Scientists are pioneering the use of 3D printers to create drugs and other chemicals at the University of Glasgow.
Researchers have used a £1,250 system to create a range of organic compounds and inorganic clusters - some of which are used to create cancer treatments.
Longer term, the scientists say the process could be used to make customised medicines.
They predict the technique will be used by pharmaceutical firms within five years, and by the public within 20.
"We are showing that you can take chemical constituents, pass them through a printer and create what is effectively a chemical synthesiser in which the reaction occurs allowing you to get out something different at the end," researcher Mark Symes told the BBC.
"We're extrapolating from that to say that in the future you could buy common chemicals, slot them into something that 3D prints, just press a button to mix the ingredients and filter them through the architecture and at the bottom you would get out your prescription drug."
The 3D printing process involves the use of a robotically controlled syringe which builds an object out of a gel-based "ink", into which chemicals and catalysts are mixed.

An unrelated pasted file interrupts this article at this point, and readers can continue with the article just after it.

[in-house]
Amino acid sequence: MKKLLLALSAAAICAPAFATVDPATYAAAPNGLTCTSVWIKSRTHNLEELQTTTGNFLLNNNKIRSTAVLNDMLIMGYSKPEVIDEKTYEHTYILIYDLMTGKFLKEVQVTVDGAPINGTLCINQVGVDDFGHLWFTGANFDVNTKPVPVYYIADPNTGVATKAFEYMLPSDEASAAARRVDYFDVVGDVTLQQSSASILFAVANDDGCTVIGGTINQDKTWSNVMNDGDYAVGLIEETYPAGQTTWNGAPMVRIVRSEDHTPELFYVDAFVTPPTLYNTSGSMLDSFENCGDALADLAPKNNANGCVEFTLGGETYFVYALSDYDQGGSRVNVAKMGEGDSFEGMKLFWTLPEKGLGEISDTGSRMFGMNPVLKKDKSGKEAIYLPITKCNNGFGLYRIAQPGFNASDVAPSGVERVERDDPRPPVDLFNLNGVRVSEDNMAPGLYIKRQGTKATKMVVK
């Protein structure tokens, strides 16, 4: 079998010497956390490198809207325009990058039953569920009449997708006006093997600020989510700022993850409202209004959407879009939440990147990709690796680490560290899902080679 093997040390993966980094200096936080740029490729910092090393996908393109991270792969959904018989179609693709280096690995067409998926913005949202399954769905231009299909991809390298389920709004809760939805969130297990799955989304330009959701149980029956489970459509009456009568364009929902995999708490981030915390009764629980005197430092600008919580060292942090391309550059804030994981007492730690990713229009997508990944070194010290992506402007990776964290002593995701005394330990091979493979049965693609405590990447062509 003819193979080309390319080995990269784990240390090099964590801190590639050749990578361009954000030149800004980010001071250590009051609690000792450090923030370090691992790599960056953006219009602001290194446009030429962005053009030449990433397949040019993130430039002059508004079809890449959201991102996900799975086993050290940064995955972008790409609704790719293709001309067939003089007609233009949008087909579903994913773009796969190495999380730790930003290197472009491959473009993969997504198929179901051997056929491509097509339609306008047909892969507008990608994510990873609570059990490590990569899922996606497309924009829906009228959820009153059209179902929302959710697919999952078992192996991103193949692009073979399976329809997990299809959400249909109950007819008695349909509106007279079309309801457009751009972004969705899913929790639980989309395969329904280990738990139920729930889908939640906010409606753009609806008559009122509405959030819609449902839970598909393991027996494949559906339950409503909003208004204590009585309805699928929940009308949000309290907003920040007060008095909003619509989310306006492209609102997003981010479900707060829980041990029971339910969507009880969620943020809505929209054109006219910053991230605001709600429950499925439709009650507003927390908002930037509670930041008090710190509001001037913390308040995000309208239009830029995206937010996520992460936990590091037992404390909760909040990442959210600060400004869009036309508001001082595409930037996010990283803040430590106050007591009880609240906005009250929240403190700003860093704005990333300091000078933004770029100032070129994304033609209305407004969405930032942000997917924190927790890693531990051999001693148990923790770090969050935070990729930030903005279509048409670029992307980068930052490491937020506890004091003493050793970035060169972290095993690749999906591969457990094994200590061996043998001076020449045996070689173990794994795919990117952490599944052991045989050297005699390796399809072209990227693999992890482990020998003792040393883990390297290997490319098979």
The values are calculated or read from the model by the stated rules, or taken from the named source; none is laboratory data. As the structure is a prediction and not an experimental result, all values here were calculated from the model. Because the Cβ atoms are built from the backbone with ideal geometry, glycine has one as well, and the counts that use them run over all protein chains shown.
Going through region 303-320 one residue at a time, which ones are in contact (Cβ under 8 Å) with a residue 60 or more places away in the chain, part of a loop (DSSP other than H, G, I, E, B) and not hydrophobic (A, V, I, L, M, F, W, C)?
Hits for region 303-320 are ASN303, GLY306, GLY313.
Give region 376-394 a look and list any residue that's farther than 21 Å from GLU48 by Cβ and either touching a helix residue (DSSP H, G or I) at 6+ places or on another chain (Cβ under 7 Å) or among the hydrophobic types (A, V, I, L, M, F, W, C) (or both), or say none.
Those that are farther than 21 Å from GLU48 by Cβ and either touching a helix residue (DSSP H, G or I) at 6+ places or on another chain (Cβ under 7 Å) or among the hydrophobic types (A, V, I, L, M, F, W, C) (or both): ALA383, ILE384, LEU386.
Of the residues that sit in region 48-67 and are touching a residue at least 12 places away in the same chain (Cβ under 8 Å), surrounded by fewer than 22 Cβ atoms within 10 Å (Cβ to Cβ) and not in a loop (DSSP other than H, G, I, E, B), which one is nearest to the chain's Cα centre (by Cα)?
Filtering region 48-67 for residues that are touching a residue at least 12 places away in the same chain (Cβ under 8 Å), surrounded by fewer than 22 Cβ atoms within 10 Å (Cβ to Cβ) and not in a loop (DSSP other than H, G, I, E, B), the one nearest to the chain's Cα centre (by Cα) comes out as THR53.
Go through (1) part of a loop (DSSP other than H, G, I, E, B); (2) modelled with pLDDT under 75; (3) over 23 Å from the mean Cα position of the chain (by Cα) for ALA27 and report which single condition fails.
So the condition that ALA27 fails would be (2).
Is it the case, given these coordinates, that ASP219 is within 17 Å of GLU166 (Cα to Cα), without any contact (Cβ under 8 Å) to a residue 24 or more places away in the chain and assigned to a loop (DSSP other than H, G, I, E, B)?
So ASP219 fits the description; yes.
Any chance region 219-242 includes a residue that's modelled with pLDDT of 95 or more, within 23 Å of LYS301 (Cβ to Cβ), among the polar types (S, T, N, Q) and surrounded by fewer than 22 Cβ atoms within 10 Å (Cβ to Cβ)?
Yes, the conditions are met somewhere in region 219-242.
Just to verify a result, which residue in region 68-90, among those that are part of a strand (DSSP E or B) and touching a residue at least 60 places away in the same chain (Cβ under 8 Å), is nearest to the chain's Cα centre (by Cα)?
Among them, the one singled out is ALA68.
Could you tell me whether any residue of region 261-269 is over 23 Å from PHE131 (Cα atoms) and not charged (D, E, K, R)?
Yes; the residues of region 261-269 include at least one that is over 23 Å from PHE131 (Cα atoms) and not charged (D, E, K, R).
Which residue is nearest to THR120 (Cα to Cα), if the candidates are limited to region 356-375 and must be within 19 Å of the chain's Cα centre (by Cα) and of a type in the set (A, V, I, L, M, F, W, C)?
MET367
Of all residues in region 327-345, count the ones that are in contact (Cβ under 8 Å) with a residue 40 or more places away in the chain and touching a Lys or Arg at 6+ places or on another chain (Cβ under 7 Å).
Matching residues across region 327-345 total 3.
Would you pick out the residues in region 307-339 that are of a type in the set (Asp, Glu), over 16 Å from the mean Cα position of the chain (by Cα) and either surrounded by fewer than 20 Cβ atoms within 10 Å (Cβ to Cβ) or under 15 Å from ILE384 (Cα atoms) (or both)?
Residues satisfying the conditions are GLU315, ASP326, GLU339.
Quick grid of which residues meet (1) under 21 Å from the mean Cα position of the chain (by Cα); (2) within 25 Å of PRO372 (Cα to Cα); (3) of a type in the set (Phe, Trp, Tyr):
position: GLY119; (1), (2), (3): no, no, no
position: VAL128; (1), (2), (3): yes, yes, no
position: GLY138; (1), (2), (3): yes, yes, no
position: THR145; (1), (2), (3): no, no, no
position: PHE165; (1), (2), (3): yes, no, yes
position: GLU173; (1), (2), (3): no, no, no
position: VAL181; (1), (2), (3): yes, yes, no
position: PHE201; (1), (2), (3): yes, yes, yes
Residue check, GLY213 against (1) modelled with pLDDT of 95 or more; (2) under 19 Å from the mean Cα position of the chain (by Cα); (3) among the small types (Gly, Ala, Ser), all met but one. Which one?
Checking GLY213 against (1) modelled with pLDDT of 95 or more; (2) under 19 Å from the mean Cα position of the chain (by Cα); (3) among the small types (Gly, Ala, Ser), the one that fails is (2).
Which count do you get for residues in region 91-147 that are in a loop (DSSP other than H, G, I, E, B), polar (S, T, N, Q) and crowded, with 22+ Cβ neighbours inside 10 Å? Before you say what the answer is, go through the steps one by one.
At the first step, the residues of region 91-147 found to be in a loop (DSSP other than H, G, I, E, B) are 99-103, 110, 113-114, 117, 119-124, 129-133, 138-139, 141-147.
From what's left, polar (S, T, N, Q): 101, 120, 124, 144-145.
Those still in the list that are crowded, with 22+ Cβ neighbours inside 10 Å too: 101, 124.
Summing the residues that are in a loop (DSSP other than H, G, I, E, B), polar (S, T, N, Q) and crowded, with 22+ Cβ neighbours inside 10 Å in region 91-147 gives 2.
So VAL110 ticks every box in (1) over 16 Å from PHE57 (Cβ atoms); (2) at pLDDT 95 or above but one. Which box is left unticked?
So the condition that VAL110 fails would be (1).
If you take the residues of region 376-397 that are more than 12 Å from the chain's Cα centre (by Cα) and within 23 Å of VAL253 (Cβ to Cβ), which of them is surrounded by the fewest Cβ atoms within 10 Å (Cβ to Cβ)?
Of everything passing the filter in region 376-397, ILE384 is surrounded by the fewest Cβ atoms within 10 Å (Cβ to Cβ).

"Chemists normally put chemicals in glassware to create a reaction," said Prof Lee Cronin, who came up with the idea.
"What we are doing is mixing the concept of the glassware and the chemicals together in the 3D printer to create what we call 'reactionware'.
"It's almost like a layer cake - you print the last reactionary agent first and then build other chemical layers above, finally adding a liquid at the top. The liquid goes to layer one making a new molecule which goes to the next layer creating another and so on until at the bottom you get your prescription drug out."
Until now the researchers have used bathroom sealant to create their reactor, and the substances created have not been suitable for human consumption.
But the scientists say their next step is to switch ingredients and replicate drugs already available in pharmacies. They also hope to work with engineers to increase the printer's speed and resolution.
If successful, they say doctors and individuals could ultimately download pre-set recipes and even tailor medicines to their individual needs.
"This would not only place traditionally expensive chemical engineering technology within reach of typical laboratories and small commercial enterprises, but also could revolutionise access to healthcare and the chemical sciences in general in the developing world," they wrote in a paper published in the Nature Chemistry journal .